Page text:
When most people hear the words “supply chain management” or even “logistics, it is very likely the first image that comes to mind is lorries packed with goods headed to and from the Coast.
This is likely followed by a memory of that one time a truck struggling to make it up a steep hill caused a traffic jam on your way up country in December, but that’s neither here nor there.
Of course logistics constitutes of much more than road freighting, but this is a major part of what we do which is subject – along with the rest of the industry – to a number of advances that may completely change its face as we know it.
The most obvious issue at hand is the advent and increasing popularity of drones in supply chain management.
In their present state drones mainly cater to small consumer goods, but we must stop to consider the implications of their existence: major global retailer Amazon has plans to route deliveries of up to around 2kgs to drones, with deliveries being made within an impressive 30 minutes of ordering.
This will not only cut costs associated with storage and transportation of goods, it will also greatly increase customer satisfaction and efficiency.
Speaking of automation, the next frontier may have the biggest impact on the manufacturing industry, but its ripples will be left in logistics as well: machine work forces.
The revolution has already begun, in Japan, naturally, who are already yards ahead of us. Pushed by a growing shortage of labour force due to an aging population whose birth rate cannot close the gap, their supply of able hands continues to dwindle.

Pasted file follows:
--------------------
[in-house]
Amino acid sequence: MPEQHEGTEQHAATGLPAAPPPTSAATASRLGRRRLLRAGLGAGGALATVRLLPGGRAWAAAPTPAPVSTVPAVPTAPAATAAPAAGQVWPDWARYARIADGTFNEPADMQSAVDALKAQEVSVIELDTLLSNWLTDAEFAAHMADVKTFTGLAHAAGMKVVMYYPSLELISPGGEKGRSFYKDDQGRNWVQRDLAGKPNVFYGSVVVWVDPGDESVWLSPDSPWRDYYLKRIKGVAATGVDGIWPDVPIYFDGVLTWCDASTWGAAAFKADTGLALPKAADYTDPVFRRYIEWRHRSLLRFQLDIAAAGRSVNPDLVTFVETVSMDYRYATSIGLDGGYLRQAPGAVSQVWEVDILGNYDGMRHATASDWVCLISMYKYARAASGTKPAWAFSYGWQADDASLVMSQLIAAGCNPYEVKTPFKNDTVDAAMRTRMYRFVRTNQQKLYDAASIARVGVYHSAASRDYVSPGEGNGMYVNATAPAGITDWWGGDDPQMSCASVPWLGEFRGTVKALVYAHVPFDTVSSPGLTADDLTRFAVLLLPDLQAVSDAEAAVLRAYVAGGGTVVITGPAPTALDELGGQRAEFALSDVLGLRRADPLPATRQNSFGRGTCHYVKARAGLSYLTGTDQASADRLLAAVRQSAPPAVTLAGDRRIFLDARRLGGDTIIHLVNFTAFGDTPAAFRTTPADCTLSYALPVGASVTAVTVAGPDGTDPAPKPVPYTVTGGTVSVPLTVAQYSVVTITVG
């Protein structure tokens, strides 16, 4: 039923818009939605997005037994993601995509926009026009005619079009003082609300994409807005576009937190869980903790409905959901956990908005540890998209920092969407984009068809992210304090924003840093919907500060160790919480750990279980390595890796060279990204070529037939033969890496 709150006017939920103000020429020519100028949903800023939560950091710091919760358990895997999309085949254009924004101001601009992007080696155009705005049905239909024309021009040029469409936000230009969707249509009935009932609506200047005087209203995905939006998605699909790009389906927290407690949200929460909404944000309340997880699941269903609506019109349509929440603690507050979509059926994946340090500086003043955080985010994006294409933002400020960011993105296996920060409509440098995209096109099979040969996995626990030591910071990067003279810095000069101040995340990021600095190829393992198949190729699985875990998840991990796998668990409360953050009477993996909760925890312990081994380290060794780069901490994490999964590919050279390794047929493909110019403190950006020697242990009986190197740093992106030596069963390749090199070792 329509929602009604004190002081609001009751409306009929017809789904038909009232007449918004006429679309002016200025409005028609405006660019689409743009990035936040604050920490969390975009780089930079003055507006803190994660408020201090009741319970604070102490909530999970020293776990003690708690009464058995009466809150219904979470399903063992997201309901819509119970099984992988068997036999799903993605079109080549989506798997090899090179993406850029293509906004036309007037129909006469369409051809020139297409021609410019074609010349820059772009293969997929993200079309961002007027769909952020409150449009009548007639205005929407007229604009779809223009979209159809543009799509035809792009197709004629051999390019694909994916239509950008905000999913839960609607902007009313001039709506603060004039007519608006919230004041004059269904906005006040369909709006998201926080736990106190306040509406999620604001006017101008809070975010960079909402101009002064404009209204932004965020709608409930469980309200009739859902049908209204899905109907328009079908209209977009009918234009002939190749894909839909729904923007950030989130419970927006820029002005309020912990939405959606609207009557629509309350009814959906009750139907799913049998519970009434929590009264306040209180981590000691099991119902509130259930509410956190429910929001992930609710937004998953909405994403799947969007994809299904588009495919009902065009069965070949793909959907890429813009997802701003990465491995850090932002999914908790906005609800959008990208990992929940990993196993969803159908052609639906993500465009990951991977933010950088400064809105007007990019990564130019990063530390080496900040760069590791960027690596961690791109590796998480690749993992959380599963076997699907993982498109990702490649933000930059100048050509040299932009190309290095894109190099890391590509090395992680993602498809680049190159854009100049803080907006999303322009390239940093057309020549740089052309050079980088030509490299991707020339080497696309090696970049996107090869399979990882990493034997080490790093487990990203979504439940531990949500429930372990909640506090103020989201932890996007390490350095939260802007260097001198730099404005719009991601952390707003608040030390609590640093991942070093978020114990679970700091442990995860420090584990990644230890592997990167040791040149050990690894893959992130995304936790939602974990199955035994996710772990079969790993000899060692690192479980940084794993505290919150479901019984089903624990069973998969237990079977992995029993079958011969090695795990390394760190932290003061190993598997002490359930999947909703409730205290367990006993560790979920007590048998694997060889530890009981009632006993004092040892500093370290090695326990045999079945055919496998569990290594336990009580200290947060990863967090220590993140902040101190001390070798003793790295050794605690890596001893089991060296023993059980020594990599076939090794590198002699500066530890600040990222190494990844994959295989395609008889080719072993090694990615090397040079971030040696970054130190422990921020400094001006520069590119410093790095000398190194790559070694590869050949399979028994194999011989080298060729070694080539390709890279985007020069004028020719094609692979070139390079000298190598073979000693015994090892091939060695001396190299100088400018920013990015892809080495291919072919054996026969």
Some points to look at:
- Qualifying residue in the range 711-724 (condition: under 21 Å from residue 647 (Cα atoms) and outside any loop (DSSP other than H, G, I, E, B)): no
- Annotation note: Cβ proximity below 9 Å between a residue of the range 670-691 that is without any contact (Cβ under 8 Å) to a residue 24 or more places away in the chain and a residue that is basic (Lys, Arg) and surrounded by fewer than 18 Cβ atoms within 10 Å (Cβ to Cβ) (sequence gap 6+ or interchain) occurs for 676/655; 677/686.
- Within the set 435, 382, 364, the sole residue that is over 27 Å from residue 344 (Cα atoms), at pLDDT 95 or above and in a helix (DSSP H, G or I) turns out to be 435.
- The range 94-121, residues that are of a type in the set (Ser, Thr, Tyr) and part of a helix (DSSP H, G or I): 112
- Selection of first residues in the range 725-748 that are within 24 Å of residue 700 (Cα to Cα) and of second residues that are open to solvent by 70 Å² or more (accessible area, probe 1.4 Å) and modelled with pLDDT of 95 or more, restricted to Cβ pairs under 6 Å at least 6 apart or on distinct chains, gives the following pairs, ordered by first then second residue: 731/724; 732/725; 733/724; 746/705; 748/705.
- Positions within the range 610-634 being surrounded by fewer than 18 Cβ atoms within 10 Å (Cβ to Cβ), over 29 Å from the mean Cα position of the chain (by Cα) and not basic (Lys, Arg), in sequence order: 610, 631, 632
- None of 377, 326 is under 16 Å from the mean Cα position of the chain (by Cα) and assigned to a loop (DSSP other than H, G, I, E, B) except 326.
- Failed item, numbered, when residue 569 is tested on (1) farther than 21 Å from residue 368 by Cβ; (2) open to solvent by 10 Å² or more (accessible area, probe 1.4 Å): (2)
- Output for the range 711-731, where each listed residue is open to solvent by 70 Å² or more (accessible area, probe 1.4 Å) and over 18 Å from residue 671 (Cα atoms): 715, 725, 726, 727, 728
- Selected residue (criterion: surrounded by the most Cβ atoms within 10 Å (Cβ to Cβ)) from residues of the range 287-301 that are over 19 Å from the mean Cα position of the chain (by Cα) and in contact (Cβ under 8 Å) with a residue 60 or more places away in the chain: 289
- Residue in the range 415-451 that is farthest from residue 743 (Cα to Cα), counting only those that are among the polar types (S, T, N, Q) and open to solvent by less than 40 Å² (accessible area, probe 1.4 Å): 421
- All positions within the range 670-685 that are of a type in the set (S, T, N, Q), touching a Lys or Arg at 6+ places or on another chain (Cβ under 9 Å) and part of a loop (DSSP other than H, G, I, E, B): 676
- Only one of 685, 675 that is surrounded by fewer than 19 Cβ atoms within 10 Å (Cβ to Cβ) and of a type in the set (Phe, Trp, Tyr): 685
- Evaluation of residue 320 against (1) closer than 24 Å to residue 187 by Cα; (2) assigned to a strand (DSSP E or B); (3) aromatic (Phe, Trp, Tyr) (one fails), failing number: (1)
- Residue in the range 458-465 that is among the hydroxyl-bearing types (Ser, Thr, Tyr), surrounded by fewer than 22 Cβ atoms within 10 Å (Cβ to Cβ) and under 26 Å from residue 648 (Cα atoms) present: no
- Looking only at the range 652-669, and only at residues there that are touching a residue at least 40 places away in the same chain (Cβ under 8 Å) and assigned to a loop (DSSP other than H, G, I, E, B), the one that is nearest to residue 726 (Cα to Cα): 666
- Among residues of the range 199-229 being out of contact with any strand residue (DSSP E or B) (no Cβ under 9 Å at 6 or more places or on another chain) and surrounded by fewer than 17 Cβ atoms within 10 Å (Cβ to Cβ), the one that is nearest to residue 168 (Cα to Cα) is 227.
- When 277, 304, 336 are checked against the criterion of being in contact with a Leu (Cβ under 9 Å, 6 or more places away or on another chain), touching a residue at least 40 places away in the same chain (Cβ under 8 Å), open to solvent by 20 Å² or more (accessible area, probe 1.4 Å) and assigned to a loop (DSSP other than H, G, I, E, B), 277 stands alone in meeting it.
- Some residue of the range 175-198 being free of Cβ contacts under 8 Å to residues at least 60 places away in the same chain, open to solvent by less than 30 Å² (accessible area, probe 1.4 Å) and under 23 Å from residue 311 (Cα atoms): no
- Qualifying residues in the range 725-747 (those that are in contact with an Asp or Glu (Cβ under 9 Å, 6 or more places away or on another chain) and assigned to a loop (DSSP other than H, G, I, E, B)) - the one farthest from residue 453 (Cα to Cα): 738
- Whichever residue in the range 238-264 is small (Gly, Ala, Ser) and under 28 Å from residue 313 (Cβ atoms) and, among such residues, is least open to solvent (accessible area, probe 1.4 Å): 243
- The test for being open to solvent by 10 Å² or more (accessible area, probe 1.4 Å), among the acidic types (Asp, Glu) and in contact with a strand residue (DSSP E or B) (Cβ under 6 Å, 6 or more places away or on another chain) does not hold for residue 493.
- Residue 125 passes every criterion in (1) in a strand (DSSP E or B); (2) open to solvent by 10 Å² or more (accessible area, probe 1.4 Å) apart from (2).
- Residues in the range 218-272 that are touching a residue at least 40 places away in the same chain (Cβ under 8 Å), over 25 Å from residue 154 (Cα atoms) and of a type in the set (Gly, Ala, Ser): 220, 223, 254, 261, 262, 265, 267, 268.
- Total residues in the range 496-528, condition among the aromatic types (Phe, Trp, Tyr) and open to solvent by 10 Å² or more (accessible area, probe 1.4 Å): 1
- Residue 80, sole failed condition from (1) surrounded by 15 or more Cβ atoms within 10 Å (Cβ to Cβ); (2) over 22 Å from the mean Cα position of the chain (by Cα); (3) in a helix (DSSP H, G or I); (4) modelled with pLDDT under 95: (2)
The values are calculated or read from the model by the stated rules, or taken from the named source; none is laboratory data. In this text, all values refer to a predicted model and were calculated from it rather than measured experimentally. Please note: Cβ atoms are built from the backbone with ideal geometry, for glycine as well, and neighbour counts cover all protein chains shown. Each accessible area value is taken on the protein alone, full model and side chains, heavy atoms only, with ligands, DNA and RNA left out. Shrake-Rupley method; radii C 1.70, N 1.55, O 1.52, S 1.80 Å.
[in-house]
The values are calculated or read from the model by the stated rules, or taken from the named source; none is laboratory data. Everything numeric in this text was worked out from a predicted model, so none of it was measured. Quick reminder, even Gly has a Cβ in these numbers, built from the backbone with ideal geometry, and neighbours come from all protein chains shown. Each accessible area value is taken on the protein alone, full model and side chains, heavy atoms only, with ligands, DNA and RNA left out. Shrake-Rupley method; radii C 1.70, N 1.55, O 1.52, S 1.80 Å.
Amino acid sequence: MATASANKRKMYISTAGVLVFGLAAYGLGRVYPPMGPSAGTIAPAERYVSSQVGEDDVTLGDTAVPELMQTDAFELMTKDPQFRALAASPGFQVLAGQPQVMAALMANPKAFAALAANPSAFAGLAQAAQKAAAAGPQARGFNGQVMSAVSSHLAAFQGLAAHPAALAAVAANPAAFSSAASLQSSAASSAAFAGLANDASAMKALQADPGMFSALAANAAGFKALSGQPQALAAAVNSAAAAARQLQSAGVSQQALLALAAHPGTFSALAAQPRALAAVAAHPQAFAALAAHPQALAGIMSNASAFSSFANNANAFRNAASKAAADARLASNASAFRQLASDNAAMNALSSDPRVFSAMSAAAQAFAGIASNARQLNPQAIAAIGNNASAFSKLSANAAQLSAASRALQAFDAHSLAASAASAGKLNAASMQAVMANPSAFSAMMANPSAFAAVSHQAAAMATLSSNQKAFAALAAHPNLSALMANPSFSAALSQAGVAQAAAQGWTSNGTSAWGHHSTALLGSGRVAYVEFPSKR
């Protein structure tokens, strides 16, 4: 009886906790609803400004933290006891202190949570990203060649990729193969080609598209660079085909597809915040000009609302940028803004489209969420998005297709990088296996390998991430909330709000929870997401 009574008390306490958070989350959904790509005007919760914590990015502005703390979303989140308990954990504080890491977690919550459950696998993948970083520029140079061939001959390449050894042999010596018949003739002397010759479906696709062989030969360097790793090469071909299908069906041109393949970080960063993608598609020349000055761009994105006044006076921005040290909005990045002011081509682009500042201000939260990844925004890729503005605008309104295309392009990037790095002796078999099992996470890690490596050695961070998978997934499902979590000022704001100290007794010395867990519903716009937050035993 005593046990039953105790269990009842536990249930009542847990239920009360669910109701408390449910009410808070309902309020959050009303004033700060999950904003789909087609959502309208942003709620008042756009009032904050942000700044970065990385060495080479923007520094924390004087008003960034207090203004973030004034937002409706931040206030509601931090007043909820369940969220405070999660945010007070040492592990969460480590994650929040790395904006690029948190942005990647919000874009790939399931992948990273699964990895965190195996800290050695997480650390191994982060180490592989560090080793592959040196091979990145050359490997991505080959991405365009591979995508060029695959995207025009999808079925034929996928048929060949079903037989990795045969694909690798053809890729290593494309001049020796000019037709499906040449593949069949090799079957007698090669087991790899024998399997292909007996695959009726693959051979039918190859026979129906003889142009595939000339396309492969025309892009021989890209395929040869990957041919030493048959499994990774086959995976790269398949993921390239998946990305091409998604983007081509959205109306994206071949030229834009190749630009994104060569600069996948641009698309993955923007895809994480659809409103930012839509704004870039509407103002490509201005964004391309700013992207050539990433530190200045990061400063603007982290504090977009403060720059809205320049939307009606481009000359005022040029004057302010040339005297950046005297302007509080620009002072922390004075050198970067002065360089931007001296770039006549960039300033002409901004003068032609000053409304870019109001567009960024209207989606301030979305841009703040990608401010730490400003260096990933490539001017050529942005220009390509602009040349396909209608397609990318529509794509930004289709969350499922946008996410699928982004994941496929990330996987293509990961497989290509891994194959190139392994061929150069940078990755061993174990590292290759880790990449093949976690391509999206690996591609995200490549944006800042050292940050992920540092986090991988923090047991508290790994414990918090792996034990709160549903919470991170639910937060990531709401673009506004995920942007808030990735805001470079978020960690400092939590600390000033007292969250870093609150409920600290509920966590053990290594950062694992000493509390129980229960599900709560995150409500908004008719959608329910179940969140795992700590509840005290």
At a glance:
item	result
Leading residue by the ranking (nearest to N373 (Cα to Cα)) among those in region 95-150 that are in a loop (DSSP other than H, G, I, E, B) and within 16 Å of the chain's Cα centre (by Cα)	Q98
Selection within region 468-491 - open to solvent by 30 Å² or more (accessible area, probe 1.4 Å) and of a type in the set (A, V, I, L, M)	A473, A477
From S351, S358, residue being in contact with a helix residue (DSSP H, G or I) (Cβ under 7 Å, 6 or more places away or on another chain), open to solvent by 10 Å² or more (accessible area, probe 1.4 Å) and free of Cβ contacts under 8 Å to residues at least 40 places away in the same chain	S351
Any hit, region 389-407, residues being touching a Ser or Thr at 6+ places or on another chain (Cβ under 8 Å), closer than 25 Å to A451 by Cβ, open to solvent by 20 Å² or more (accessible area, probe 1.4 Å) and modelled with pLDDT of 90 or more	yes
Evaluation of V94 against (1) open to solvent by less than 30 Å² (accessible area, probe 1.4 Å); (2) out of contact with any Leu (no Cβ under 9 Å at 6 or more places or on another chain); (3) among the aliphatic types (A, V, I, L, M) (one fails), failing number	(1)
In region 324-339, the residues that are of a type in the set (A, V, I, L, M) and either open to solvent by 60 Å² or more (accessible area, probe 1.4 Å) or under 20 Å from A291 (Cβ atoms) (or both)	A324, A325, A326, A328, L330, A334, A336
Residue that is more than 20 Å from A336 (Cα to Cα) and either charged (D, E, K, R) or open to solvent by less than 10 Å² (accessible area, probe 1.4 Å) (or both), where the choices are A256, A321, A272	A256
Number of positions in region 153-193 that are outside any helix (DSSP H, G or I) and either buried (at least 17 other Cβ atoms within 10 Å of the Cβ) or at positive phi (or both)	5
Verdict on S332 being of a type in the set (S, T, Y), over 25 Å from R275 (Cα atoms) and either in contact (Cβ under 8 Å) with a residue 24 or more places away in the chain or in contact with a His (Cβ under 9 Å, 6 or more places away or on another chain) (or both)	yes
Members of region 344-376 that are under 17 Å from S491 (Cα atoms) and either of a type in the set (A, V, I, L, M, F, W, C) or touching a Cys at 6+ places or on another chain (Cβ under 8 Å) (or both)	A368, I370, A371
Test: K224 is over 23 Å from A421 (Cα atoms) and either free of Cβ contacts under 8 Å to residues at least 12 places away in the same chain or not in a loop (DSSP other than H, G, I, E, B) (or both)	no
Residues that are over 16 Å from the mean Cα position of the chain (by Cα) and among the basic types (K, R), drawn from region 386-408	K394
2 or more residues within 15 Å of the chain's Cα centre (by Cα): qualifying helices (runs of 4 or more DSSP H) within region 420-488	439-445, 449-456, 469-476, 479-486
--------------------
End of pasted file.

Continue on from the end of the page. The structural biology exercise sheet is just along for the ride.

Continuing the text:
While other developed nations bolster their workforce with immigrants, Japan has turned to their already impressive robotics arm to fill in the gap.
One major leap forward came in 2014 with the launch of Toho Holdings Company’s distribution centre, which boasts 16 robots which have almost all but replaced human warehouse workers.
The speed and ability to lift much heavier loads than any human can manage makes these machines efficient, and enables employers to diversify the work force: since physical fitness and strength is no longer required to work in a factory, women or people with physical disabilities can easily be hired to operate the controls of the machines.
For developments specific to road freighting, there is the consideration of electric cars rising to overtake those powered by fossil fuels.
Granted, this is still a far off development: Tesla Motors Inc., one of the key players in luxury electric cars has yet to make profits in margins that would justify its existence, recently announcing their 11th straight quarterly loss.
Should the electric car model become firmly integrated into our society, the massive reduction in costs caused by fossil fuel purchase could see the savings invested into making the supply chain industry a force to be reckoned with.
Coupled with the self driving car developments we are seeing now and can expect to hear much more of, the days of immense human resource costs of recruiting drivers and other road crew, as well as incidents of cargo theft caused by collusion between staff and external persons will also disappear.
While a lot of this may be hypothetical at this stage, the future is at hand and it is upon us to prepare to adjust. If the current spats between Nairobi taxi drivers and the Uber service is anything to go by, it is very easy to be caught flat footed by technology. Do stay current, won’t you?